Book Review: Nnedi Okorafor’s Kabu Kabu – An Appealing Feminist Fantasy
Book Title: Kabu Kabu
Author: Nnedi Okorafor
Publisher: Prime Books, 2013
Reviewer: Joseph Omotayo
Kabu Kabu is a collection of 21 short stories. Most of the short stories in this collection had been published in different places online, some of them go as far back as 2003. Only a few short stories appear in this collection for the first time. Kabu Kabu could thus be seen as the trajectory of a writer’s laudable effort at short story writing. Kabu Kabu is replete with the magical, the surreal, and everything that can go against the natural order of things. Isn’t that just what the fantasy genre does? This collection is a blend of fantasy with sci-fi, layered with the African ethos and culture, for easy access. Fantasy and sci-fi could easily throw a reader off with their over-imaginative projections, this collection is different – Nnedi Okorafor’s stories can be related with. Kabu Kabu is also a book of protest somewhat; it is very concerned with the female-male gender imbalance. In this book, women are ascribed powers, magic, and confidence in ways that make their world undeserving of them.
Kabu Kabu deftly interrogates issues in ways that do not stab at the fun of reading. The stories are enjoyable for their depth as well as they are for entertainment. I think those are about the best qualities of good short stories, the school of art for art’s sake could be damned, please. Story telling should be as explorative as it is fun to read. It is always interesting to read Nnedi Okorafor.
It is difficult to miss the feminist inclination of this book. Kabu Kabu is very much a feminist text. There are three things a feminist text primarily does: it rethinks the normative representation of women in the society to challenge it, it re-values the place of women in the society with the hope of ascribing them power of place; and it deeply examines the place of women as the other, even as it labours to give them agency. Kabu Kabu does all of this – almost all the short stories in this collection write back to the patriarchal centre. The female gender occupies the centre discourse and not the periphery. Feminism is a strong marker of post-colonialism. In fact, there is a thin line where both meet. This is so as everything that comes after the colonial challenges stereotypes, and feminism is all about challenging the stock portrayal of women.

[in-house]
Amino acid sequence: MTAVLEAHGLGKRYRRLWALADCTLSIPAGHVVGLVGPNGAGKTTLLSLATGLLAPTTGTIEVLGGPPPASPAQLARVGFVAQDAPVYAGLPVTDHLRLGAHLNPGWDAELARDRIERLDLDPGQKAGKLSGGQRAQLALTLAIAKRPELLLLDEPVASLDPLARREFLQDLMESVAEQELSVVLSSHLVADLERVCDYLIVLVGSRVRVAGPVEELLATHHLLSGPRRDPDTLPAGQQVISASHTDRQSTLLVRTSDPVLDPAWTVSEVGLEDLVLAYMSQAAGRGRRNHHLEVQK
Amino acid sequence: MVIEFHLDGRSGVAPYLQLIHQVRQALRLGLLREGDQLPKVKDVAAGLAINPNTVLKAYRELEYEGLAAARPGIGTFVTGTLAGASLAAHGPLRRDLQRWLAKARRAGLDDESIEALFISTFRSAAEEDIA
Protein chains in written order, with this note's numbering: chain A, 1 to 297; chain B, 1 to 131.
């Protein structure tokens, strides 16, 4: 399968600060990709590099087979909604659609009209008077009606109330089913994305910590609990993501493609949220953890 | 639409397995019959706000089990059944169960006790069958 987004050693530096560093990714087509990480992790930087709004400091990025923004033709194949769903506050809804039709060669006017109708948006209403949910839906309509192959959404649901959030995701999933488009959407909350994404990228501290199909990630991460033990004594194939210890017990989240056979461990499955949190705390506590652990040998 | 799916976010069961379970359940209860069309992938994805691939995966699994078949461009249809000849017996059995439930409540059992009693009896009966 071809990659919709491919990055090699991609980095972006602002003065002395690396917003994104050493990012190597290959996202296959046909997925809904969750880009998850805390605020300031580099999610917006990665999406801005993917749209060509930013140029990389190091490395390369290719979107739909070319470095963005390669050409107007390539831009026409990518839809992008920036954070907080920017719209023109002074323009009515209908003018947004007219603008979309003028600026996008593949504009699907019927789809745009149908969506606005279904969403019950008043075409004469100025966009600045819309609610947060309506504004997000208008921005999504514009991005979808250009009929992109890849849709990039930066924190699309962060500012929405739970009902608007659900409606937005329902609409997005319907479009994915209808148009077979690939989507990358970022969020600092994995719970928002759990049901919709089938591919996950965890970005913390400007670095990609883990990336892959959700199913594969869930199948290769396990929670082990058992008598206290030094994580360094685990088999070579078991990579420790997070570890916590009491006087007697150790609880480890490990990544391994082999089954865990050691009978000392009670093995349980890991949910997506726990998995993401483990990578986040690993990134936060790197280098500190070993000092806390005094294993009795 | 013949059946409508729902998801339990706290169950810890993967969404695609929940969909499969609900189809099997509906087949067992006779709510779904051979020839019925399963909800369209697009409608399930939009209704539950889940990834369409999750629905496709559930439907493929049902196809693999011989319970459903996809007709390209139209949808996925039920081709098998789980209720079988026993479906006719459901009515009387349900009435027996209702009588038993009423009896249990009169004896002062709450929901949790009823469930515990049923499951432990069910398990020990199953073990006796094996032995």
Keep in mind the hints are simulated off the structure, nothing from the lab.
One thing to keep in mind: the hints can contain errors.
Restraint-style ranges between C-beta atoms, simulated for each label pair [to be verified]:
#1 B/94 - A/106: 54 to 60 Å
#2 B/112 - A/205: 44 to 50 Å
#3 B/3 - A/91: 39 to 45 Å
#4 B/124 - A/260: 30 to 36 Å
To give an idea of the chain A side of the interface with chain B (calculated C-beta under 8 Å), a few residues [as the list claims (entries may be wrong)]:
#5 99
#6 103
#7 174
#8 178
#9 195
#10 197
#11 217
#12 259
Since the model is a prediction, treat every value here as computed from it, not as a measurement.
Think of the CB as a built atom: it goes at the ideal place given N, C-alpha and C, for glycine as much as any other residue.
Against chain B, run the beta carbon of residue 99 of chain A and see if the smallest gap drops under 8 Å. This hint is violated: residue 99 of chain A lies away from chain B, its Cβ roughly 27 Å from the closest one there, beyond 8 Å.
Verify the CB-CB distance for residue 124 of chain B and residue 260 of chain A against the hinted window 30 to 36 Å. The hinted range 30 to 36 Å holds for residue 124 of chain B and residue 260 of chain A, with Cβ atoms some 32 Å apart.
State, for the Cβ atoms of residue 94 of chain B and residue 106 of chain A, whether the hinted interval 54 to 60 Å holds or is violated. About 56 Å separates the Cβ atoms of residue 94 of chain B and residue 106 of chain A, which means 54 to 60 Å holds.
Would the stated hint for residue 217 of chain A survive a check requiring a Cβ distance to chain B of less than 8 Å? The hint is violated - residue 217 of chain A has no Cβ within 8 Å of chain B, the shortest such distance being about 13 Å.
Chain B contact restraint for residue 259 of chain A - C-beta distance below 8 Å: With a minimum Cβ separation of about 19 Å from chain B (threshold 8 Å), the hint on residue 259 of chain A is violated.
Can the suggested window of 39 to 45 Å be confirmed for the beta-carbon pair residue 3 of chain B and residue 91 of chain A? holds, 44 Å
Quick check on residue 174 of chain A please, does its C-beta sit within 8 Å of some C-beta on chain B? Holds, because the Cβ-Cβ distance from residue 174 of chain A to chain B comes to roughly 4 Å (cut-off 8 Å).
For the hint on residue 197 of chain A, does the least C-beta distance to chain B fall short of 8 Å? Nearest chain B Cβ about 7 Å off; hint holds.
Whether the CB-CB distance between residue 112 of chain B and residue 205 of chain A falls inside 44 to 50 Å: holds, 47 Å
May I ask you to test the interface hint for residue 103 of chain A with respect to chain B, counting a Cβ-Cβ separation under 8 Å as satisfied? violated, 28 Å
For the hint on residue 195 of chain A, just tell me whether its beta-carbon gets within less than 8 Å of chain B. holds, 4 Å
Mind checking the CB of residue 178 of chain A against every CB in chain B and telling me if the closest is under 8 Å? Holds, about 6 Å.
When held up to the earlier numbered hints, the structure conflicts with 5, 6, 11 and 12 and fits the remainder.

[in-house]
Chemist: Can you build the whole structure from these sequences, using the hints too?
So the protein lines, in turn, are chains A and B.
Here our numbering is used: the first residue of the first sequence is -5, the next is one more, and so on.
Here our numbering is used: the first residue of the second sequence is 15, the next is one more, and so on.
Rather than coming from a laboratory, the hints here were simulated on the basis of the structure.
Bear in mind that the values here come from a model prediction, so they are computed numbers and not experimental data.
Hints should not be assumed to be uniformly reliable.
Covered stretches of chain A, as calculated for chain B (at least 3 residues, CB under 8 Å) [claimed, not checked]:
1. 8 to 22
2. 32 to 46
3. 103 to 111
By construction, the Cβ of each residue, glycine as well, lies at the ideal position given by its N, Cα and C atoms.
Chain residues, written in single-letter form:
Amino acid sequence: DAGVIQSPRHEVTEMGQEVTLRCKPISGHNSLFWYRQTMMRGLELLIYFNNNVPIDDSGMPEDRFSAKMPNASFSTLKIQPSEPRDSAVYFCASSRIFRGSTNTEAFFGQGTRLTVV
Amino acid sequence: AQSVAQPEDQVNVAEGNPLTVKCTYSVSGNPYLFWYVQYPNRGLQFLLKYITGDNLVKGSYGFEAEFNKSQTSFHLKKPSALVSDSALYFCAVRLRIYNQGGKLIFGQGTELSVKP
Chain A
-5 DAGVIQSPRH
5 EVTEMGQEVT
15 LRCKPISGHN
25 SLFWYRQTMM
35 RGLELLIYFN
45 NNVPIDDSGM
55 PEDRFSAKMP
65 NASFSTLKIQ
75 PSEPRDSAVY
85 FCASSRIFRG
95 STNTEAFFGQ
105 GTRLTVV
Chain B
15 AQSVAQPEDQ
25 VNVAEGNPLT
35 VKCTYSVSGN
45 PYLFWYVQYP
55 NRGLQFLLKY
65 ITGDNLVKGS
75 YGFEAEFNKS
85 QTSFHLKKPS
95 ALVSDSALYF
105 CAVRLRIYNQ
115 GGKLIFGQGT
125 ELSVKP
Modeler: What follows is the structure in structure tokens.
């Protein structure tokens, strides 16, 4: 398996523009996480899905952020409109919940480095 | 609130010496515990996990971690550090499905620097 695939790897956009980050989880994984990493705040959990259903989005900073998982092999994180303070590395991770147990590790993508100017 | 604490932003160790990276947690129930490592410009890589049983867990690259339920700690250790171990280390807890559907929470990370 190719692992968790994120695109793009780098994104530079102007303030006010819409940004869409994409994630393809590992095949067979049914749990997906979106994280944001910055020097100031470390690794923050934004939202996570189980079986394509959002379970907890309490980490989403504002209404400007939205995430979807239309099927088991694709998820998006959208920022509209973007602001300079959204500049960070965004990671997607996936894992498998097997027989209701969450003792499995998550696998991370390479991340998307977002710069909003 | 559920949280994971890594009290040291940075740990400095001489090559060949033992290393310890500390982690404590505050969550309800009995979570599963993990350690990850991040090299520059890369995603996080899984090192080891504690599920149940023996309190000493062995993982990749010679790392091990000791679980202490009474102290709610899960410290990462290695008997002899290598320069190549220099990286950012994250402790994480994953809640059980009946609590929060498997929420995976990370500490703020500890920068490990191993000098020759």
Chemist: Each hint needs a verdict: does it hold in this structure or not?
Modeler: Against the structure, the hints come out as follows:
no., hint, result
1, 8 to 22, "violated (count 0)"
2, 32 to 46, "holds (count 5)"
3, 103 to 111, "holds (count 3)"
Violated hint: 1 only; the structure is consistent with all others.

In The Black Stains, we see how the pride and haughtiness of a male centralised world comes crashing on the hips of women. The Nuru brothers, Uche and Ifeanyi, both belong to a superior caste that lords them over the inferior Okekes. The Okekes come in different forms; in the unconscious woman who is raped on the cornfield, in the many slaves that serve the Nurus, in the irresistible but forbidden fruit that would later spell doom for the Nurus. On one hand, this story deals with the many evils of inter-tribal segregation, and on the other hand it seems to recalibrate the power of a woman.
How Inyang Got Her Wings is the story of a girl who does not fit into her natural world; a girl whose power redefines the manner suppression is challenged. Inyang is an odd one out but she is free. Free to own her men. Free to own her sexuality. Free to fly away when the world rejects her. She picks her men as she quickly discards them. However, the day society wants to possess her, subjugate and break her, she flies away. Spider the Artist is reminiscent of the gross neglect and degradation of the Niger-Delta. This is a Niger-Delta in the era where robots police against pipeline bunkering. In the final catastrophe that later strikes, only a woman survives – a woman who had devised ways of bearing her pains. The eponymous short story, Kabu Kabu is about my favourite piece in this collection. There are so many ways it could be read. I read it as a story of identity appropriation. In America, Ngozi takes a Kabu kabu to the airport with the hope of attending her sister’s wedding in Port Harcourt, Nigeria. Many things happen; Ngozi never gets on a plane, she remains in the Kabu kabu all through and still makes it in time for the wedding.
Some of the stories that do not cut it in this collection are those that were written a long time ago. Putting them in there with newer stories somewhat reduces the strength of the collection. I think publishers and writers should reconsider how a collection of short stories is compiled before publishing. This weakness is not peculiar to Kabu Kabu, but applies to most short story collections by contemporary African writers.
Kabu Kabu is more than your average book, it is a good read.